The coloniality of contemporaneity is what we call a form of temporal discrimination, in which the other is seen as “in the past.” Just as in the discourse of progress and development, in which the other is defined as “backward” or “underdeveloped.” Contemporaneity is also an expression of the praise of novelty, of now and futurity. Just as we go to the supermarket to get the latest merchandise or to the mall for the latest fashion, contemporaneity is attached to a search for radical novelty, for the most radical, for what has never been done before, etc. Decolonial aesthesis as critique is calling for the end of the contemporary.[16] We are not looking for a post-contemporaneity, but rather we are striving to stop the modern politics of time from becoming the normative principle of aesthetics. The end of the contemporary is a condition to enable the articulation of other trajectories.

The end of the contemporary is not in itself creating new artworks, but enabling the reading of other aesthesis to be part of the experience of the arts. When we speak of the end of the contemporary, we see the possibility for de-linking from this temporal framework that has become normative and for enabling other forms of aesthesis and other articulations between them. For example, when the work of decolonial artists such as Patricia Kaersenhout, La Vaughn Belle, and Jeanette Ehlers is framed by contemporaneity, it is valued but its decolonial content is made invisible or irrelevant. The decolonial aspect of the work is not perceived through the framework of the contemporary. We think that the end of the contemporary enables the appreciation of elements in these works that have been there, but that have become underappreciated just by becoming framed by contemporaneity.

Fig. 4.  Patricia Kaersenhout, No Names Please!, 2017. Digital print on cotton, beads, lace, wooden dowel, 8 parts, each 48 x 38 cm. Photo: Tor Jonsson. Courtesy of Wilfried Lentz Rotterdam.

One can read the global contemporary that emerged in exhibitions such as Magiciens de la Terre in 1989 as an attempt to overcome the Eurocentrism of the canon; but it became equivalent to extending the temporality of modernity as a global norm. Global meant that “we include you as long as you are included within my temporal norm.” That is why we are calling for the end of contemporary as we search for decolonial possibilities for reading other aesthesic trajectories and their qualities that have remained invisible and underappreciated.

RW: In our conversation we have focused mostly on the museum as an institute. Recently, individual curators have gained more visibility in museums and exhibitions, and art institutions are increasingly inviting guest curators for the composition of exhibitions, as persons who make connections and bring different elements together to create new or different ways of seeing. How do you look at this development?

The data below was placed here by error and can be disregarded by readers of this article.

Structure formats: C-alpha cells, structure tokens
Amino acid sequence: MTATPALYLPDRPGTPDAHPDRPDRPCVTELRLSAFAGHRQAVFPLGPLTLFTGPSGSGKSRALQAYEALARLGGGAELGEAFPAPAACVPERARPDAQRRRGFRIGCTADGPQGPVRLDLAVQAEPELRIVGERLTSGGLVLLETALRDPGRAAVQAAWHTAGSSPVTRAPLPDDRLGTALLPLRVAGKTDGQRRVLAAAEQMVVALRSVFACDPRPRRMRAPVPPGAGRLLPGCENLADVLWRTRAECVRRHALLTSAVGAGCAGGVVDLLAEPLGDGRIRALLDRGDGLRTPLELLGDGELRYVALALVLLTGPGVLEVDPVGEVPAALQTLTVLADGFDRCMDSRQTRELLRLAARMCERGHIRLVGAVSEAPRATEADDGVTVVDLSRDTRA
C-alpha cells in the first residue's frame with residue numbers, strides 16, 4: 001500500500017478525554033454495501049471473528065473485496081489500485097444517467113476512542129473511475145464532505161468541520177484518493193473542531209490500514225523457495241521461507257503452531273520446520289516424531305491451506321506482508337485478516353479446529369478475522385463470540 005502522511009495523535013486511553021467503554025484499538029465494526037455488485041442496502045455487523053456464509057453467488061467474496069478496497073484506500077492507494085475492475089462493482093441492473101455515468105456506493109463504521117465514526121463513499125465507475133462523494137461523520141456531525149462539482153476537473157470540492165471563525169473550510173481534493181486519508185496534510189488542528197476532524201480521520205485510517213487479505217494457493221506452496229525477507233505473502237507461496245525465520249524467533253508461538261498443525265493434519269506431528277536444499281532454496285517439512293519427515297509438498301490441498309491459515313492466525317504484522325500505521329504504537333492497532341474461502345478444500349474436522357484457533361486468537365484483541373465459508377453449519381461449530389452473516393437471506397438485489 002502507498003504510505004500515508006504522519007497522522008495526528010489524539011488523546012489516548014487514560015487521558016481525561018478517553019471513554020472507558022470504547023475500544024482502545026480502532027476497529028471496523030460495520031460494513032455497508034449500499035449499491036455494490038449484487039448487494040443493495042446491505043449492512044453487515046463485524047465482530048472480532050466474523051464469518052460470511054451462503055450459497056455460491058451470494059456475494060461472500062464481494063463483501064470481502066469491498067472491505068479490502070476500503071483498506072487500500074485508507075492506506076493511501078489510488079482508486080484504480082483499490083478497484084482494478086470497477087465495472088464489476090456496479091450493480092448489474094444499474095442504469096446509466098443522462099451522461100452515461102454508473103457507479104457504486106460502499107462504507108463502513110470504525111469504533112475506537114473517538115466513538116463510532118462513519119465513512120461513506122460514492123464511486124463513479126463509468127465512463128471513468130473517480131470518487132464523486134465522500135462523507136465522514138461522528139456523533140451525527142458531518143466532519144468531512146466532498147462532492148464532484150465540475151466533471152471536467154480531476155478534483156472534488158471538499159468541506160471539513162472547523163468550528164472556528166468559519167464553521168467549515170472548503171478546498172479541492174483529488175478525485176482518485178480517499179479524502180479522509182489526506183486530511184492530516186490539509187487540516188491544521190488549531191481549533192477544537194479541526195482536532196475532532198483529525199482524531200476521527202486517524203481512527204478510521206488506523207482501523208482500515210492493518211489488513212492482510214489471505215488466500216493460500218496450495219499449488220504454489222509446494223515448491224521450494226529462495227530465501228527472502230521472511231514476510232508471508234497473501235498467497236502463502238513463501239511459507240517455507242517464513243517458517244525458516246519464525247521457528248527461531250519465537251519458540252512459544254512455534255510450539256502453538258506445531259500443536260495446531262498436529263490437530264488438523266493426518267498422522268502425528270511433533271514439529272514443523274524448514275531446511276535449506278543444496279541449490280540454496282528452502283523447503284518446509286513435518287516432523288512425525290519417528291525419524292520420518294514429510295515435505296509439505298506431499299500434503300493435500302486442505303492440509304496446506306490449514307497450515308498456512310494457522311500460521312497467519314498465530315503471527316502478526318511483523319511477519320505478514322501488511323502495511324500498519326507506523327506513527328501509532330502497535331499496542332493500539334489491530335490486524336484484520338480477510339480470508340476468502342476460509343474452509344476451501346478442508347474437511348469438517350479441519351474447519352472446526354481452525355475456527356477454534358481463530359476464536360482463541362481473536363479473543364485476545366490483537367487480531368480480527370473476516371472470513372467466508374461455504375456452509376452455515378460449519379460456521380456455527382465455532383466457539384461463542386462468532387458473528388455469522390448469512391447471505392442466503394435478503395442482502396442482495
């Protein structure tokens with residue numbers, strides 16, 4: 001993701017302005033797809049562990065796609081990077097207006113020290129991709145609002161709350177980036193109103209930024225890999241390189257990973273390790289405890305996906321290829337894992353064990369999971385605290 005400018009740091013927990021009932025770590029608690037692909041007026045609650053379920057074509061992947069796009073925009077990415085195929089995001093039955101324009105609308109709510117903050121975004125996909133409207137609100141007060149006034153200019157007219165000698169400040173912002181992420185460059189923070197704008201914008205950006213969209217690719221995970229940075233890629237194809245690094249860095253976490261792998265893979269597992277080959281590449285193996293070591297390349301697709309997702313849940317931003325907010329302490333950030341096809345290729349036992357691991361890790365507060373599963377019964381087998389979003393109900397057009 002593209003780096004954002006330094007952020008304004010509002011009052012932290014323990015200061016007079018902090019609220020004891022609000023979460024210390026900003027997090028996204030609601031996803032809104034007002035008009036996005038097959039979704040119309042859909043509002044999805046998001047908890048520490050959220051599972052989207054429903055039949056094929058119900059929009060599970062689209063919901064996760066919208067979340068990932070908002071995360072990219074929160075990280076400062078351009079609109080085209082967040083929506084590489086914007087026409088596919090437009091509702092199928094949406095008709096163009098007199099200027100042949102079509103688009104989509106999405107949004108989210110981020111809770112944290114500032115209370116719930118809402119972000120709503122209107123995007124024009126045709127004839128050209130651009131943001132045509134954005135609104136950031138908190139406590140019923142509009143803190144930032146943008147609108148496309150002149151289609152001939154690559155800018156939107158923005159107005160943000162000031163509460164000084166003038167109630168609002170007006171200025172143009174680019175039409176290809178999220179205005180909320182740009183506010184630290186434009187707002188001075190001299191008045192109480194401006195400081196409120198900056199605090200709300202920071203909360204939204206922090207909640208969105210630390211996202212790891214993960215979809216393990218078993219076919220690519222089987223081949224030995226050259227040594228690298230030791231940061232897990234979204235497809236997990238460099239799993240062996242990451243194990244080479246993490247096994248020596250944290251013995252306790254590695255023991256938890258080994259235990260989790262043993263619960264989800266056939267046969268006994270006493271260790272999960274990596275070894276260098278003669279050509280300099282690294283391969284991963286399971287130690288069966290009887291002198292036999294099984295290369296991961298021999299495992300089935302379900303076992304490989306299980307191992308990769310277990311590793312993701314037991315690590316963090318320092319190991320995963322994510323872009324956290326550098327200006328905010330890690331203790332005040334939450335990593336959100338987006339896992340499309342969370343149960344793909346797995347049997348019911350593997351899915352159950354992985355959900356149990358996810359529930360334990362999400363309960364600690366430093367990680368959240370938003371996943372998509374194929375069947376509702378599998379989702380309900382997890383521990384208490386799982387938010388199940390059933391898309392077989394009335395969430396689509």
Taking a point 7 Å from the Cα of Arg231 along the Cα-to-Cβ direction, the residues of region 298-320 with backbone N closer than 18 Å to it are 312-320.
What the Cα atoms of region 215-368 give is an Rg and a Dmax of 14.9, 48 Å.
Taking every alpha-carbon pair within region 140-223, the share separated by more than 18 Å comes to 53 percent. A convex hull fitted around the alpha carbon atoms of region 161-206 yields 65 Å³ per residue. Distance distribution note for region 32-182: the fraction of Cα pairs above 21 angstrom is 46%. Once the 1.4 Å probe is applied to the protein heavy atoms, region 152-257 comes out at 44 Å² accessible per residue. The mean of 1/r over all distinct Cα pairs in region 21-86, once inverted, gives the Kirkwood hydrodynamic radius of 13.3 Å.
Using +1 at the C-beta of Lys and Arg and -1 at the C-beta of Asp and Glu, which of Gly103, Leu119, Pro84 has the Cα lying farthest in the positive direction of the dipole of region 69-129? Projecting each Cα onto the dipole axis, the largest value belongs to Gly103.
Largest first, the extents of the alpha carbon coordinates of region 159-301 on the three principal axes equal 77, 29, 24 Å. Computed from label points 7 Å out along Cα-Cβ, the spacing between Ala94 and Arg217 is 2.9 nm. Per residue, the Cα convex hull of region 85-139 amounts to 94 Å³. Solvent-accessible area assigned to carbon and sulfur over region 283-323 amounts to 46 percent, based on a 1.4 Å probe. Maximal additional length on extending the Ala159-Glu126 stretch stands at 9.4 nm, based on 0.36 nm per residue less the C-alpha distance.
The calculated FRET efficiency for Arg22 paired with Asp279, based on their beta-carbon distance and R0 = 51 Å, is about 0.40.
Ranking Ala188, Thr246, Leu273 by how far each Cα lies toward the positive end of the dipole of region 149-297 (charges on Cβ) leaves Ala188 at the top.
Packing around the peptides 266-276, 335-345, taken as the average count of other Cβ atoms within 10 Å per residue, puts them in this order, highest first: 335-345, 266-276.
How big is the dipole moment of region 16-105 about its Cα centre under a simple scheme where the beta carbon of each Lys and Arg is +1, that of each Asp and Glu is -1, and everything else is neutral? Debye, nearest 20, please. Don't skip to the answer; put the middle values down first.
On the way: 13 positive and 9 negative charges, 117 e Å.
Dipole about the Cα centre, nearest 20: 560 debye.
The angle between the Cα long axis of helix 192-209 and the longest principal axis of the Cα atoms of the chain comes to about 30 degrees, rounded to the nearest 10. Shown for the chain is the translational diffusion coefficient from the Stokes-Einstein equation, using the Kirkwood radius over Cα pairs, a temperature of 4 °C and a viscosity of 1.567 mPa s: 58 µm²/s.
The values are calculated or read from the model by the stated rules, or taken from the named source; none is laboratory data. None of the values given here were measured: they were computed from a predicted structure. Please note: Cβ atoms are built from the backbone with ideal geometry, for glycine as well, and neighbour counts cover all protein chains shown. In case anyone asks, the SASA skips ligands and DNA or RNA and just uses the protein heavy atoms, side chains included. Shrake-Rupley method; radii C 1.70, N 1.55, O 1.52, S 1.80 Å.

RVM: Curators are taking a more prominent role, especially in confronting the task of decolonizing the museum. What curators can do is to occupy the museum and make it work otherwise. They can explore to what extent the museum is implicated in reproducing or challenging the colonial difference. Curators can raise very simple but fundamental questions that reveal the role of aesthetics in the constitution of the colonial difference: Who is looking and who is being seen? Who is being represented and who is representing?

They can work through the archive of the museum to make it speak a different narrative, one that is precisely not the narrative that has been configuring and is configured by the museum’s archive. Decolonial curatorial practices can create critical engagements with the instrumental function of the museum of perpetuating the modern/colonial world as a world that is dominated by the axis of anthropocentrism and Eurocentrism.[17]

They can engage the instrumentality of the museum and make it function otherwise.  For example, curators can intervene in the way Fred Moten explains how black musicians perform resistance, not by scaping but by augmentation.[18] They can turn the machine into an instrument. Instead of being overdetermined by the enframing of the museum and its history, its political and financial orientations, its epistemic enclosure, they can use that structure as an instrument to make it speak otherwise. This semester some of my students wrote about hip-hop and how the DJ turns the machinic function of the turntable itself into a musical instrument. This is the key in how to turn the machinery of the modern/colonial order into an instrument of resistance, of decoloniality.

Who is speaking through the museum? Is the curator functional to the narrative of the museum, or is the museum an instrument for the curator? We also need to question the curator as a single individual. Or could we think of collectives, assembles, communities as curators? A decolonial intervention requires to turn the museum into an instrument, so that the museum can be inhabited, re-signified, made to speak what goes beyond its enframing and what it has been designed to silence.